‘I am an optimist and I believe that we can create AI for the good of the world. That it can work in harmony with us. We simply need to be aware of the dangers, identify them, employ the best possible practice and management, and prepare for the consequences well in advance’
Stephen Hawking, speech at the Web Summit on 6 November 2017.
Written by Elodie Thirion,
One of the most pressing issue for researchers, consumers, manufacturers and stakeholders concerning the rise of the robotics and artificial intelligence (AI) sectors lies in the uncertainty surrounding liability and the potential for damages to be incurred.
This ‘Cost of non-Europe’ report on liability and insurance related to robotics and AI aims to provide an insight into the regulatory gaps and challenges of the current liability and insurance frameworks in this field, as well as the potential benefits and opportunities of a harmonised EU regulatory framework. It has been prepared by the European Added Value (EAVA) Unit of the European Parliamentary Research Service (EPRS) for the European Parliament’s Committee on Legal Affairs (JURI) in support of its legislative initiative resolution on civil law rules on robotics (Rapporteur: Mady Delvaux).
This study starts by providing a brief introduction to robotics and AI. It sets out the definition(s) used for these concepts and presents their emergence and their social potential in the EU, before describing recent EU initiatives in the field. These include recent legal and policy initiatives, from the framework programme for research and innovation ‘Horizon 2020’ to the Ethics Guidelines for Trustworthy AI.
Second, the study outlines the current regulatory frameworks regarding liability and insurance applicable to robotics and AI in the EU. The lack of specific EU or national regulatory frameworks regarding liability and insurance in the context of robotics and AI is noted. At EU level, in particular the Product Liability Directive is reviewed. At national level, both civil law and common law regimes are discussed.
Third, the study highlights the existing regulatory gaps and challenges in the current liability and insurance frameworks. In particular, robotics and AI are prevented from reaching their full potential in the single market owing to the absence of a specific regulatory framework regarding liability and insurance in the context of robotics and AI, at EU level as well as at national level, and the consequent need for actors within the field of robotics and AI to fall back upon the Product Liability Directive and national civil law rules regarding liability and insurance.
Several EU policy options are considered in response to the regulatory gaps and challenges identified. First, there could be no additional intervention, entailing the application of the existing regulatory framework to current robotics and AI issues. Second, the EU could intervene by enlarging the scope of the Product Liability Directive to tackle the barriers of the current regulatory framework identified in the limited scope of the Product Liability Directive. Third, a new specific regulatory framework at EU level could be introduced to avoid fragmentation of the single market in robotics and AI. In this context, two policy options are considered: (i) an ‘electronic personhood’ could be created, or (ii) a new specific regulatory framework based on the existing regulatory framework could be introduced, allowing a tailor-made approach to robotics and AI.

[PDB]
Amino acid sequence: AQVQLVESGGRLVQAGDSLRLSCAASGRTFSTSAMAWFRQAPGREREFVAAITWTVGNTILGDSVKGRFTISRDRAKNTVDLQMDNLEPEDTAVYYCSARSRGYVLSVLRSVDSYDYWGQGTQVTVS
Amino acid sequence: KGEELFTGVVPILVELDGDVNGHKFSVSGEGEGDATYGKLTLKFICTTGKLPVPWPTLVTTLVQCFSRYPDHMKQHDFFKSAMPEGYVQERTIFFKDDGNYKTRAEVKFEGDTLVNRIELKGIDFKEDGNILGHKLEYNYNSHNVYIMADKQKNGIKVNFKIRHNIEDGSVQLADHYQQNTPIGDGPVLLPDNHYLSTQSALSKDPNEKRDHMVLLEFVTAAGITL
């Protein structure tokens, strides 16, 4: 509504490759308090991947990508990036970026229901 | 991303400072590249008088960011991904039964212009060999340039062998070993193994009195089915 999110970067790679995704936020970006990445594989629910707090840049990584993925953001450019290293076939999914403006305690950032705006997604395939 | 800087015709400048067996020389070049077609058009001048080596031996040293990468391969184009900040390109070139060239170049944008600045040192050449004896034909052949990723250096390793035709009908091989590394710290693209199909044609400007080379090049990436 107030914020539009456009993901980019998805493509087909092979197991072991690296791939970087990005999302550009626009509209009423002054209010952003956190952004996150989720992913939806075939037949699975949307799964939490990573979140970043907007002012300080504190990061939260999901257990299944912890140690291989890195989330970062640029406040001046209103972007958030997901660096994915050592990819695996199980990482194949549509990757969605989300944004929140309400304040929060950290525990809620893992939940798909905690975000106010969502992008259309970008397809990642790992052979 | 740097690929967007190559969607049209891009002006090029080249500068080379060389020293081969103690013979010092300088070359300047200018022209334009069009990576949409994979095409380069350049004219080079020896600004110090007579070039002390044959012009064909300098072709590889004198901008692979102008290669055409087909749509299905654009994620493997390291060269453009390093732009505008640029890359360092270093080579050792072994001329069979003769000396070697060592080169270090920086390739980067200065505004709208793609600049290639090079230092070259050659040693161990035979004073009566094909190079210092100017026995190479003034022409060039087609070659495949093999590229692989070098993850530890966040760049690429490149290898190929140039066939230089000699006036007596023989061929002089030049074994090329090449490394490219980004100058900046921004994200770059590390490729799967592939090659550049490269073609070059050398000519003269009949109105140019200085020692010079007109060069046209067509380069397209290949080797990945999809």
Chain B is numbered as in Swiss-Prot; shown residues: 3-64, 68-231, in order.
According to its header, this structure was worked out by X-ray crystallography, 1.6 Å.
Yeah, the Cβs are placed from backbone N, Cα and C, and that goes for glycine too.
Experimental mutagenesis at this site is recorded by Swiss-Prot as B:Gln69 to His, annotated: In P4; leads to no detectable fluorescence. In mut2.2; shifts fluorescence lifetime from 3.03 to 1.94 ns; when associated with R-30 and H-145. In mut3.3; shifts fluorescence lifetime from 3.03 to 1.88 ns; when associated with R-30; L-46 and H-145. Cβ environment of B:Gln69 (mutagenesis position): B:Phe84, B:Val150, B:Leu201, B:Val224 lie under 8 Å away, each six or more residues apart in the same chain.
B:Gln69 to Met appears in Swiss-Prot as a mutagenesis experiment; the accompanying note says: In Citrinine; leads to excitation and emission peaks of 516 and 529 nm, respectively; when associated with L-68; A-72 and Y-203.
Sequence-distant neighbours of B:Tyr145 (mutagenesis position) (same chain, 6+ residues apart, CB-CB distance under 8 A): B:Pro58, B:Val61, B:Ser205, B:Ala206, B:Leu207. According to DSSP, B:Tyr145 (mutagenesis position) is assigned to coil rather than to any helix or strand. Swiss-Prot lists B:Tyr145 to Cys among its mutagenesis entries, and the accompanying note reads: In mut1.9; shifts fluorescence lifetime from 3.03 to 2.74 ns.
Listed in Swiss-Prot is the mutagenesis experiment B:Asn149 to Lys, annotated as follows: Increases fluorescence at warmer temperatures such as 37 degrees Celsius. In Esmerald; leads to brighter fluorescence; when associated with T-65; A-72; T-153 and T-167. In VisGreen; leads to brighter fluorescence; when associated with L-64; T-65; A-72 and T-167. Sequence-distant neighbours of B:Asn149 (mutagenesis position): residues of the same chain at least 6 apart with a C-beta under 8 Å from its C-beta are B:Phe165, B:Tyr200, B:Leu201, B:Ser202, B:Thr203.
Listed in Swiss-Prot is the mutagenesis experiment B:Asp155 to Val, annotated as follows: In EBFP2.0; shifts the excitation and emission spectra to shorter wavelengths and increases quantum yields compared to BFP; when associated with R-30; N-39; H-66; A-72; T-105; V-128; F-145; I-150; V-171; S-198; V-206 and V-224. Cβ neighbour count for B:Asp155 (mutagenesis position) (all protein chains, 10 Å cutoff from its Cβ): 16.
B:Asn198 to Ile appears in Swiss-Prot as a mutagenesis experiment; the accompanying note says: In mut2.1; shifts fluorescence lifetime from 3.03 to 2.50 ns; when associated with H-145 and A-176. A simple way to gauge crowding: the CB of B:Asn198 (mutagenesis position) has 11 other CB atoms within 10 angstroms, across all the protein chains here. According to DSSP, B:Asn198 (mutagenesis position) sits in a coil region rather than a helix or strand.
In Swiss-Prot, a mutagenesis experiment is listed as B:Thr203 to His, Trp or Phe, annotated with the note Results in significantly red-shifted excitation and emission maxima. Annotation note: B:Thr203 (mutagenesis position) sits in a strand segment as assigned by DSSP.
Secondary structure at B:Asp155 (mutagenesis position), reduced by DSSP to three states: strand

The advantages of policy options aimed at introducing a harmonised, EU regulatory framework are to a large extent confirmed by the possible economic benefits and opportunities. A harmonised EU regulatory framework would stimulate greater research and development (R&D) activity by producers and increase the speed of uptake of these two essential new emerging technologies by consumers, resulting in a potentially positive impact in terms of gross domestic product (GDP). By 2030, EU GDP could be 0.04 % higher than it would otherwise be under the current regulatory framework.
However, the quantitative impact on the EU economy of harmonised regulation in the markets considered is highly uncertain, with some factors providing a positive effect and others negative. Overall, analysis of the scenario suggests that harmonised regulation would increase EU trade competiveness, bring a small increase in GDP and employment through increased R&D efforts, and bring a small decrease in GDP and employment once the wider economic impacts of robotics and AI are taken into account.
It is important to note that robotics and AI are wide and multi-faceted domains, crossing multiple legal disciplines. In order to provide EU citizens with an adequate EU regulatory framework relating to robotics and AI, as well as to promote the rise of robotics and AI in the EU, enabling it to become a global leader, coordinated legal action at the EU level would seem to be necessary.
Read the complete study on ‘Cost of non-Europe in robotics and artificial intelligence‘ in the Think Tank pages of the European Parliament.